That sounds like an excellent plan for a schedule. I think that’s fairly close to how my group’s solution is going to work out, other than ours will be every-other-Saturday.

Sometimes you have to go a little over the top to keep a gaming group together. 🙂

#18 Comment By Scott Martin On December 18, 2015 @ 12:21 pm

We often hit the wall when scheduling in December. We finally decided that from Thanksgiving to New Years the default assumption was no game. If we somehow all clear the same day once during that month+, it’s an unexpected victory.

#19 Comment By Roxysteve On December 21, 2015 @ 5:47 pm

December? Ha! Try surviving spring and early summer if your gaming group contains women between the ages of 18 and 30.

I had two games disintegrate over the course of three months thanks to an onslaught of bloody weddings. One bridesmaid-to-be took out a thriving Space 1889 campaign all on her own as her fittings and re-fittings and rehearsals and showers and frock knows what-all else shredded my carefully conceived campaign session schedules just as things were getting really interesting.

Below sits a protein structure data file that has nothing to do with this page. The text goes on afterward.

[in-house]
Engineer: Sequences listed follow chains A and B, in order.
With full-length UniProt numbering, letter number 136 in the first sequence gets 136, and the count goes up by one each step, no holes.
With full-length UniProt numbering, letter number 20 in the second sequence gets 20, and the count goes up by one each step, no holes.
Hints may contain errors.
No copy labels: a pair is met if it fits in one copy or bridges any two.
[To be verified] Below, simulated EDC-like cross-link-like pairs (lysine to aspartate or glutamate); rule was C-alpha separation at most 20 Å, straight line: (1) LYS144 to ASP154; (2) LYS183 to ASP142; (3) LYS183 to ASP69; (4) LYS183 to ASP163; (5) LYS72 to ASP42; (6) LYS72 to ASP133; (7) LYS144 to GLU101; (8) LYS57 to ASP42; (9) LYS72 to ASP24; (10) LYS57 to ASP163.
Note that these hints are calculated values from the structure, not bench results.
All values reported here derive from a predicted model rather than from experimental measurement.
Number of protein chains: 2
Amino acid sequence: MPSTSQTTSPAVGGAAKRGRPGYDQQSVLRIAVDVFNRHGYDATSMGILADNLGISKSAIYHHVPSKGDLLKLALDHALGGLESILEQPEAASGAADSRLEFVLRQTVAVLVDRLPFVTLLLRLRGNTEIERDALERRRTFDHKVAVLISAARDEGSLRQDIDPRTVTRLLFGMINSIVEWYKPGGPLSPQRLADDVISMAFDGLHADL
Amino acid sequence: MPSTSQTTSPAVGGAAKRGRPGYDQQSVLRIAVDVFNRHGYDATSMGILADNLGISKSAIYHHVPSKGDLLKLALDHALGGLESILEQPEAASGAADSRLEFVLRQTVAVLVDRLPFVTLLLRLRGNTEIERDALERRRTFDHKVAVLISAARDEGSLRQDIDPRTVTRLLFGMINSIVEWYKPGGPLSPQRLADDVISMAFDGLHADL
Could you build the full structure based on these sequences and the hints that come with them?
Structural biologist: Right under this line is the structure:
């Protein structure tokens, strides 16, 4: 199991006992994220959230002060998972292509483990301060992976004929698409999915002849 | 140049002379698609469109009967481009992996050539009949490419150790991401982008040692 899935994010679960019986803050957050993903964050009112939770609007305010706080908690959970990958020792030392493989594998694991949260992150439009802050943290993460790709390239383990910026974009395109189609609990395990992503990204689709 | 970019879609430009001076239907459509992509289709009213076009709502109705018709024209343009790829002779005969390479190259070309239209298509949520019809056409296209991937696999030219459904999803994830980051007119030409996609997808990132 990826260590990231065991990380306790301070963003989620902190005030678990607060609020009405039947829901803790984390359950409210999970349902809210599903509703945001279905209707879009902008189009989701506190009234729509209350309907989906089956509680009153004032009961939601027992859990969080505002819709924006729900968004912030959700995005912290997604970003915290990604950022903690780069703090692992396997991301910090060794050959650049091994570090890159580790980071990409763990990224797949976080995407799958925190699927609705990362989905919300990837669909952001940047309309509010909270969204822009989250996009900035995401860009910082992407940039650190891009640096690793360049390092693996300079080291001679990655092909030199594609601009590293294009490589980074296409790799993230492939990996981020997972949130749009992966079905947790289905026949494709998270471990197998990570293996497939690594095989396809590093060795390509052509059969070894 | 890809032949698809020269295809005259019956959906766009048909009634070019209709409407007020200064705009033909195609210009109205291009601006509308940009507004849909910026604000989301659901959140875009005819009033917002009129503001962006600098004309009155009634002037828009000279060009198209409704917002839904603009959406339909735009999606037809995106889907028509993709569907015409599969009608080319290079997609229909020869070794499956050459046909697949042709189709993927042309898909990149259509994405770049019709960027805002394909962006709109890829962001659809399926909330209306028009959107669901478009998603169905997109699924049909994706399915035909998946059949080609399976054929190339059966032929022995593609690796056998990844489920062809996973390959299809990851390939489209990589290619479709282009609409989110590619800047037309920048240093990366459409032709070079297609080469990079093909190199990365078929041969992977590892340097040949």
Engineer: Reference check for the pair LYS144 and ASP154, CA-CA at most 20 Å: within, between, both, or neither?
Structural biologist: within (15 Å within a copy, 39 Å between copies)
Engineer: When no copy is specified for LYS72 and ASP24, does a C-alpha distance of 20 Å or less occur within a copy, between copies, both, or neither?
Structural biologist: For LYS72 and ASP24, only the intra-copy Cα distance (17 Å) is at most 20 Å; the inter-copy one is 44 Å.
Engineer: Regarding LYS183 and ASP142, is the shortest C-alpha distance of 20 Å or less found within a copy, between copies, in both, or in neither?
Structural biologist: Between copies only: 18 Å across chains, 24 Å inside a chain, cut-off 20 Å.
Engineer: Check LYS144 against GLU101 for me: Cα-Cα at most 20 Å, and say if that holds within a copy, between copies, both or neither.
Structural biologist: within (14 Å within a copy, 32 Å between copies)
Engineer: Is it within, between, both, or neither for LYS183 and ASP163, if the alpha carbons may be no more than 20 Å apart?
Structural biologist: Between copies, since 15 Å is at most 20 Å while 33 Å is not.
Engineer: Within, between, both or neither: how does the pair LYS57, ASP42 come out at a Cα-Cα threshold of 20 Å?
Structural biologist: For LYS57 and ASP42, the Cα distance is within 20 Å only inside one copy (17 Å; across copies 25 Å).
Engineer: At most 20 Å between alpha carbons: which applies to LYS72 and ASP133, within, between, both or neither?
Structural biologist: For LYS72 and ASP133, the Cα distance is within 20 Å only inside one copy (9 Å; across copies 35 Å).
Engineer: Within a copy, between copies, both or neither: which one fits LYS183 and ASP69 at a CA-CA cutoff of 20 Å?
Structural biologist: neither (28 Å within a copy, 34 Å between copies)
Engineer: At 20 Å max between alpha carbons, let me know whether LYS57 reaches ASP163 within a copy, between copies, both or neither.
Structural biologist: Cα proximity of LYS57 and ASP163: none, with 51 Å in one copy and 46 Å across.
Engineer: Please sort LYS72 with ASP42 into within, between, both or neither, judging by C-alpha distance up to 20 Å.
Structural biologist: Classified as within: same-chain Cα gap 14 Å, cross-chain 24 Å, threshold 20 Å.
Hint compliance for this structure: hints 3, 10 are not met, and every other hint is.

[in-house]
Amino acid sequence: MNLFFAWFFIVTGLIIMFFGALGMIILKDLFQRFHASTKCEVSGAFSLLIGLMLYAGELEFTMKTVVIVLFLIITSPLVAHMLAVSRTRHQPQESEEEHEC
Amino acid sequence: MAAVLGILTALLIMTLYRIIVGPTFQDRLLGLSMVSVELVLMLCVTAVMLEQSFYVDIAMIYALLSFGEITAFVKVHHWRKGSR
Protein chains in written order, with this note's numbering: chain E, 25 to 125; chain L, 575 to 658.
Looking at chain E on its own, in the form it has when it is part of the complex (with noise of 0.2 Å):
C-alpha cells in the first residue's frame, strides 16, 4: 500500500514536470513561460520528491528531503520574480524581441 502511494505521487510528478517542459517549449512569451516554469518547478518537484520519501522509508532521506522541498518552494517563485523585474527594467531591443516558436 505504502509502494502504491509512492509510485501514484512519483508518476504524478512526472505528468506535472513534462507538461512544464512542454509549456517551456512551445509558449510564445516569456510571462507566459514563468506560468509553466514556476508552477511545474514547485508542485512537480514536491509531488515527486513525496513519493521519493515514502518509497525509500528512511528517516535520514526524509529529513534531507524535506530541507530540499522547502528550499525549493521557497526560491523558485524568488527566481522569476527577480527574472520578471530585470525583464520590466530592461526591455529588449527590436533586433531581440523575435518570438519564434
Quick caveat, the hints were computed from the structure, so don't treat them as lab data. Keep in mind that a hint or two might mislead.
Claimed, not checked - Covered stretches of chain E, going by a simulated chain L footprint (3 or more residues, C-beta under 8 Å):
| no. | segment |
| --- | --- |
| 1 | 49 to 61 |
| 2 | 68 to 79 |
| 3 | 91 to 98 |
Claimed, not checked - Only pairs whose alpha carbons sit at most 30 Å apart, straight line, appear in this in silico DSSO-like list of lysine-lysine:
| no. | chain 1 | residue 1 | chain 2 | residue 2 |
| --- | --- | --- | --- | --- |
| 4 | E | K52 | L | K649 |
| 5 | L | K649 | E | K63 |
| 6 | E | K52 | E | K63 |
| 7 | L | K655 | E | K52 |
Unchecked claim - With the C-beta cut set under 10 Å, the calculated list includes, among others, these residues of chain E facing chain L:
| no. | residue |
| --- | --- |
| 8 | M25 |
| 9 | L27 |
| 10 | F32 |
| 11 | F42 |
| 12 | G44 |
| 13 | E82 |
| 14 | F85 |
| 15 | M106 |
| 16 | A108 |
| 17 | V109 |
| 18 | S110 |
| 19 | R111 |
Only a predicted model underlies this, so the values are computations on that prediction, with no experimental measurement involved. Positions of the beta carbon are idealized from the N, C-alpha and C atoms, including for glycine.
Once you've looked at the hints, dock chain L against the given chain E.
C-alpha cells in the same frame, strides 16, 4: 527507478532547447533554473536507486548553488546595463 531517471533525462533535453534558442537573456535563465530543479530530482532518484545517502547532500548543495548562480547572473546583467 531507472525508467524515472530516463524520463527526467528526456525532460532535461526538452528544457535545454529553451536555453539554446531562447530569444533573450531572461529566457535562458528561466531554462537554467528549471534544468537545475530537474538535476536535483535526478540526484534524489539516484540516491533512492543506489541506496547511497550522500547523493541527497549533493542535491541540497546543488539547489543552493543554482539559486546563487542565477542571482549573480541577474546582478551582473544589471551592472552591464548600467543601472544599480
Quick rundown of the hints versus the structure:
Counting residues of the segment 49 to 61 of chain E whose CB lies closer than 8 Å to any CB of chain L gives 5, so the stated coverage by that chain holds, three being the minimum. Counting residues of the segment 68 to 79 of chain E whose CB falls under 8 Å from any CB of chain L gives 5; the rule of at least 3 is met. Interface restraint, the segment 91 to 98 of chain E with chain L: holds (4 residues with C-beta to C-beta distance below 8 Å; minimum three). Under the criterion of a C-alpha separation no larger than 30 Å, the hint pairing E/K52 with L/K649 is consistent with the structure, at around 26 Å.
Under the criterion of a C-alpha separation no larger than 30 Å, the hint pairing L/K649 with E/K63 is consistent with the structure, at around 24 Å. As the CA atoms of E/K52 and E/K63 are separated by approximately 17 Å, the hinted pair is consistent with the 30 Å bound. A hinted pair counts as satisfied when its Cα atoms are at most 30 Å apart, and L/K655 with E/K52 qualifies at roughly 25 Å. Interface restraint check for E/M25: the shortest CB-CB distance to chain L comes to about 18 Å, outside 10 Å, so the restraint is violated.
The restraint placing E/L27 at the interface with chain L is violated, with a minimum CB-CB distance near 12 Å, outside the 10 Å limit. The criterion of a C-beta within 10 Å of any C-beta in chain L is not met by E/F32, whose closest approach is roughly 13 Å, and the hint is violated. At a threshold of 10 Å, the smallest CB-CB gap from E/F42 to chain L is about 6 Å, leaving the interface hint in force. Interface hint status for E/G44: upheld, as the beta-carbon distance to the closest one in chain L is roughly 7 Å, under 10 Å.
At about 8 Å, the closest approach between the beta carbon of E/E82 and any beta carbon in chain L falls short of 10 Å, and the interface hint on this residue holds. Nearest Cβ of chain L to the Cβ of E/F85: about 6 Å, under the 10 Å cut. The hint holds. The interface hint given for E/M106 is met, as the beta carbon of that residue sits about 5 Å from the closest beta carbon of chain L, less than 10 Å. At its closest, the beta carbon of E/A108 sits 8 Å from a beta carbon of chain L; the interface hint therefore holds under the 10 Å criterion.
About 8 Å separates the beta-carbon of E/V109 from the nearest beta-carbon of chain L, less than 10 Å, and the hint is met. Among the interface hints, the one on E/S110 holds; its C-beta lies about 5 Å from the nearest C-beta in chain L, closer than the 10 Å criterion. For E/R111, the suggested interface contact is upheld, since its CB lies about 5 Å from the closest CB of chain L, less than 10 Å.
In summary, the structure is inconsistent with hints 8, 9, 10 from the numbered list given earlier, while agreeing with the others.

#20 Comment By captaincutlass On December 28, 2015 @ 4:09 am

We had exactly the same issue without actually having a tantrum, it became one of the annoying things. We’re a group of 7, who have been roleplaying for about 22 years now. We decided on the first saturday of the month and continue the campaign when someone is unable to make it. We do a side quest when more than 2 can’t or do a boardgame if there is only four of us. It works like a charm now, even up to the point where we’re gaming trough the holidays and vacations. When two or fewer of us can’t we usually set a second date, allowing for two game nights in a month.
But, another annoyance was the fact that there was too much non game related chatting going on. The players themselves had a pow wow on this before the session and now I just need to remind them now and then of the rules they came up with themselves. But even so, it is difficult to maintain focus on the game for all players. Any tips on that?

#21 Comment By Roxysteve On December 28, 2015 @ 10:51 am

Articles on that very phenomenon can be found in the archives.

One great suggestion made was to have a pre-game get-together as part of the session, where non-game stuff could be discussed over snacks. A half hour should cover that.

Another suggestion was to have regular breaks for coffee and chat, ten to fifteen minutes.

Both of these mean you can generally enforce a “no out of game chat” rule more effectively.